Restricting economic activities beyond a point will push the cases of Covid-19 and its related consequences. Should India care for COVID-19 by imposing restrictions like lockdown or allow the economy to grow? This is a difficult catch-22 situation. Even after around 100-day of continuous total lockdown, we are not in a position to say that these measures were successful in containing coronavirus.
The official data indicate that despite the stringiest lockdown in the world, India has recorded a quantum leap in the new coronavirus cases. With a record single-day increase of 29,168 cases (as on July 12), India’s Covid-19 tally zoomed past the eight-lakh mark on July 10, 2020, just four days after crossing the seven-lakh post. India’s total caseload stood at 8,22,603, while the cumulative death toll was 22,144, as per the worldometers.info website. The rapid spread of the pandemic has upped India’s share in daily global cases to nearly 12% as on July 10 from 8% on June 12, 2020.
Looking at these trends, one can conclude that India is not suitable for lockdown based on the social distancing given its settlement patterns and congested and unplanned urban areas dominated by slums. Further, it isn’t easy to understand why the lockdown was imposed on the entire country. It had a profound negative impact on the economy, which had already been weakened by years of mismanagement before this crisis struck. So what should India be doing in containing the coronavirus pandemic and revive the economy?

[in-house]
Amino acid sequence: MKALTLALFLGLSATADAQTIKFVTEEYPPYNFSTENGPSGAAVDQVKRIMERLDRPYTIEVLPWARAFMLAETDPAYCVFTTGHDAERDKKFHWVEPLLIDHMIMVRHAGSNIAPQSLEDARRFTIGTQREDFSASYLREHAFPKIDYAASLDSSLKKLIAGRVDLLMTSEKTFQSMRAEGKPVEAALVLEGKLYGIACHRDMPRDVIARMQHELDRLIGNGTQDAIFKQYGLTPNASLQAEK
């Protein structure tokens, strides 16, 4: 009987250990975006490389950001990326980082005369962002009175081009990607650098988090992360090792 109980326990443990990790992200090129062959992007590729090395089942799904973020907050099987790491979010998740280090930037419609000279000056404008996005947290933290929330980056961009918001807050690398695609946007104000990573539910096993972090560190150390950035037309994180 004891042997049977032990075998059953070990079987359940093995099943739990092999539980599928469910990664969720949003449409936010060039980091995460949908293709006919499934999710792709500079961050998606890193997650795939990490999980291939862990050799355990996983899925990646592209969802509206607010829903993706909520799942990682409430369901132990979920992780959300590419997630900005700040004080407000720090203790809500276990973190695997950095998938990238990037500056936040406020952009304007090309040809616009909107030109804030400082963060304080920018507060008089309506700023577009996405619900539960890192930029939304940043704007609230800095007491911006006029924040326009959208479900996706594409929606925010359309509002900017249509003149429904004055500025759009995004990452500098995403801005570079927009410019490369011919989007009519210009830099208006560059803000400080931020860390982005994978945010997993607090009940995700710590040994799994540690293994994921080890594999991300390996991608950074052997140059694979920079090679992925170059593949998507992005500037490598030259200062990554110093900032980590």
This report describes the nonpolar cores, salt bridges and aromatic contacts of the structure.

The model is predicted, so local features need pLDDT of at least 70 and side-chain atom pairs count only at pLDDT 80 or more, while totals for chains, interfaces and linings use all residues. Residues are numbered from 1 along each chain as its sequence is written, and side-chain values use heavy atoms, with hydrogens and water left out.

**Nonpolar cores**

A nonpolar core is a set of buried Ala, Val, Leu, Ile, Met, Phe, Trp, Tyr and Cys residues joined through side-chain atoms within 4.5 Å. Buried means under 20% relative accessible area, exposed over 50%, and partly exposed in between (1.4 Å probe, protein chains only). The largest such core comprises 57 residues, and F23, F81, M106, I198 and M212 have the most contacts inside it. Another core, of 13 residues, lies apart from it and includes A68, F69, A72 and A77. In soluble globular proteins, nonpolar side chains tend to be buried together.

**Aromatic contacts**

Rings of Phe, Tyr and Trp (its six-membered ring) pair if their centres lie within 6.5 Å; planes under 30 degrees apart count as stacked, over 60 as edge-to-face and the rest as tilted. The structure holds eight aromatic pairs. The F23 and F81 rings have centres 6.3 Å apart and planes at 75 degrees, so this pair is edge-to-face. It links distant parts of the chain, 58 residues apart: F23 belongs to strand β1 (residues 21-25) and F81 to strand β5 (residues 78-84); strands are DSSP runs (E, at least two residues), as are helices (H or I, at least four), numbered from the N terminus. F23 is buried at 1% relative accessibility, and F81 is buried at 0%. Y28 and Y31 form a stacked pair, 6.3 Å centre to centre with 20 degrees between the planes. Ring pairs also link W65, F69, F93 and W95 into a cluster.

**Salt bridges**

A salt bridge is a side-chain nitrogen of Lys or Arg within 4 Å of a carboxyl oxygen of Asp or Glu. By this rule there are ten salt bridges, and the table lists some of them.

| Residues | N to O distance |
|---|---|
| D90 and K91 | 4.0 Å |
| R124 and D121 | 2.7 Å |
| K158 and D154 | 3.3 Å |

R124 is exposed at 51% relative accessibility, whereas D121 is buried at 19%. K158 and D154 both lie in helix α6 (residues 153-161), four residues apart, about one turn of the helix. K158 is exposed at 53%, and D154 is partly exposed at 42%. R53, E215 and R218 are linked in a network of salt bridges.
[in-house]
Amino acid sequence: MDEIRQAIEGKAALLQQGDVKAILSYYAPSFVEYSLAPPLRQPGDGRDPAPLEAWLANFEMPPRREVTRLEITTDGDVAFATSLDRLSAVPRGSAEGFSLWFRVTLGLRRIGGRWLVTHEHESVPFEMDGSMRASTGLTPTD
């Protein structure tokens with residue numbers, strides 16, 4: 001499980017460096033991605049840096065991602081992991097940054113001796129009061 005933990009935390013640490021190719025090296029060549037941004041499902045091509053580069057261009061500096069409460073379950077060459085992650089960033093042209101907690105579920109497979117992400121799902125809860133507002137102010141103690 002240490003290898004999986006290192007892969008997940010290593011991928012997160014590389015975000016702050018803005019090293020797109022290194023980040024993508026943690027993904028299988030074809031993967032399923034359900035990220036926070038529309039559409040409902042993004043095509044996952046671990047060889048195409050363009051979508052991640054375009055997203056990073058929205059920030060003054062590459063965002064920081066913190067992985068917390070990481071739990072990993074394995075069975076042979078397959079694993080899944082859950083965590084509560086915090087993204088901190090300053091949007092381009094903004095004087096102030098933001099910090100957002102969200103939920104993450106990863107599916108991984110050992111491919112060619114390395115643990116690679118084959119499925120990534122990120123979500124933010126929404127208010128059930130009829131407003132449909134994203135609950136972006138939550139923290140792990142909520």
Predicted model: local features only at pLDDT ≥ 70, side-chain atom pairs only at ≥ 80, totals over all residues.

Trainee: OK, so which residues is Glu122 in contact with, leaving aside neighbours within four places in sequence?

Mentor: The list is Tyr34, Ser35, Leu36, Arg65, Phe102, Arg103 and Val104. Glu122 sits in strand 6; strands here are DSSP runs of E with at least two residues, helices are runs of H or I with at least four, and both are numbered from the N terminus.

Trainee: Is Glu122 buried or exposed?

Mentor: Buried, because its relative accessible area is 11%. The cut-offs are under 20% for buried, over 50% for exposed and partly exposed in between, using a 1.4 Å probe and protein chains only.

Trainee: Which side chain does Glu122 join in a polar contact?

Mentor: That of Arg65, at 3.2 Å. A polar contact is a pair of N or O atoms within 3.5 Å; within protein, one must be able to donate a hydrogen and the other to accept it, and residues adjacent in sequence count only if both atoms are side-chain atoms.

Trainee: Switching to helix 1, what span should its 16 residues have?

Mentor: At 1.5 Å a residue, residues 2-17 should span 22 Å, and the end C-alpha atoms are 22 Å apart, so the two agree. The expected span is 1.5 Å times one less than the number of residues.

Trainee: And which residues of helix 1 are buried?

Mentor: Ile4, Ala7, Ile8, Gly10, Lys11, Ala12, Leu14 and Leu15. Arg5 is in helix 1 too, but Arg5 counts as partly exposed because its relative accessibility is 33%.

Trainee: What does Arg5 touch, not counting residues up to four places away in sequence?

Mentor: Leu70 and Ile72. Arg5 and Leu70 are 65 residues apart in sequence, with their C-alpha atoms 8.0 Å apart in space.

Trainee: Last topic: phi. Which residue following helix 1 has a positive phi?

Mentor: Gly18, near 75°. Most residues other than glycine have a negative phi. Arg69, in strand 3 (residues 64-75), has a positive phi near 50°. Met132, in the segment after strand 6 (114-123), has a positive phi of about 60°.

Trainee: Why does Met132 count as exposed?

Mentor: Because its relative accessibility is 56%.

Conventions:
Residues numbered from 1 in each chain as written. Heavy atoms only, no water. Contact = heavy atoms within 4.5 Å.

Consider The COVID-19 Battle First
Nobody knows about the future of neither COVID-19 and it’s the same for its vaccine. However, the sharp increase in positive cases has led experts/investors to worry about renewed broad lockdowns with large negative effects on the economy. But there are also other ways to reduce infections, including stringent bans on large gatherings and greater use of face masks. Further, WHO has acknowledged that wearing a mask is a must to protect from COVID airborne transmission. Besides, India’s medical facilities are limited.
Its density of doctors of 8 per 10,000 people is lower than that of even Sri Lanka (11/10,000) but nothing to China’s 20 or America’s 26. As such, we have to follow a different regime of treatment. It is proposed that those who are elderly and frail, and who happen to have diabetes and other health issues should be given preference. The asymptomatic cases could be treated at community clinics/homes.
As far as the management of COVID-19 is concerned, it is becoming clear that the whole process should have been driven by a group of epidemiologists, doctors and social scientists and not the bureaucrats in Delhi.
Wearing a mask alone cannot push the economy and lower the risk of coronavirus. One has to take specific measures to revive the economy to generate resources to manage the pandemic. The following ten steps will create an enabling environment for the economy:
First, the current pandemic has forced us to think about India’s plight. We have to boost the confidence and morale of the workers. A regime of social security must be installed to meet the basic needs, including housing and public transport. Second, one cannot resolve agrarian problems without absorbing at least two-thirds of those dependent on the farm in non-farm jobs. Further, India needs to create 10-12 million jobs every year in the coming decades to provide quality of life for its growing population.
Third, in India, capital is scarce, and labour is abundant. The Micro, Small, and Medium Enterprises (MSMEs) are thought to have lower capital-output and capital-labour ratios than large-scale industries, and therefore, better serve growth and employment objectives. MSMEs generate the highest employment per capita investment. Still, they also go a long way in checking rural-urban migration by providing people living in isolated areas with a sustainable employment source.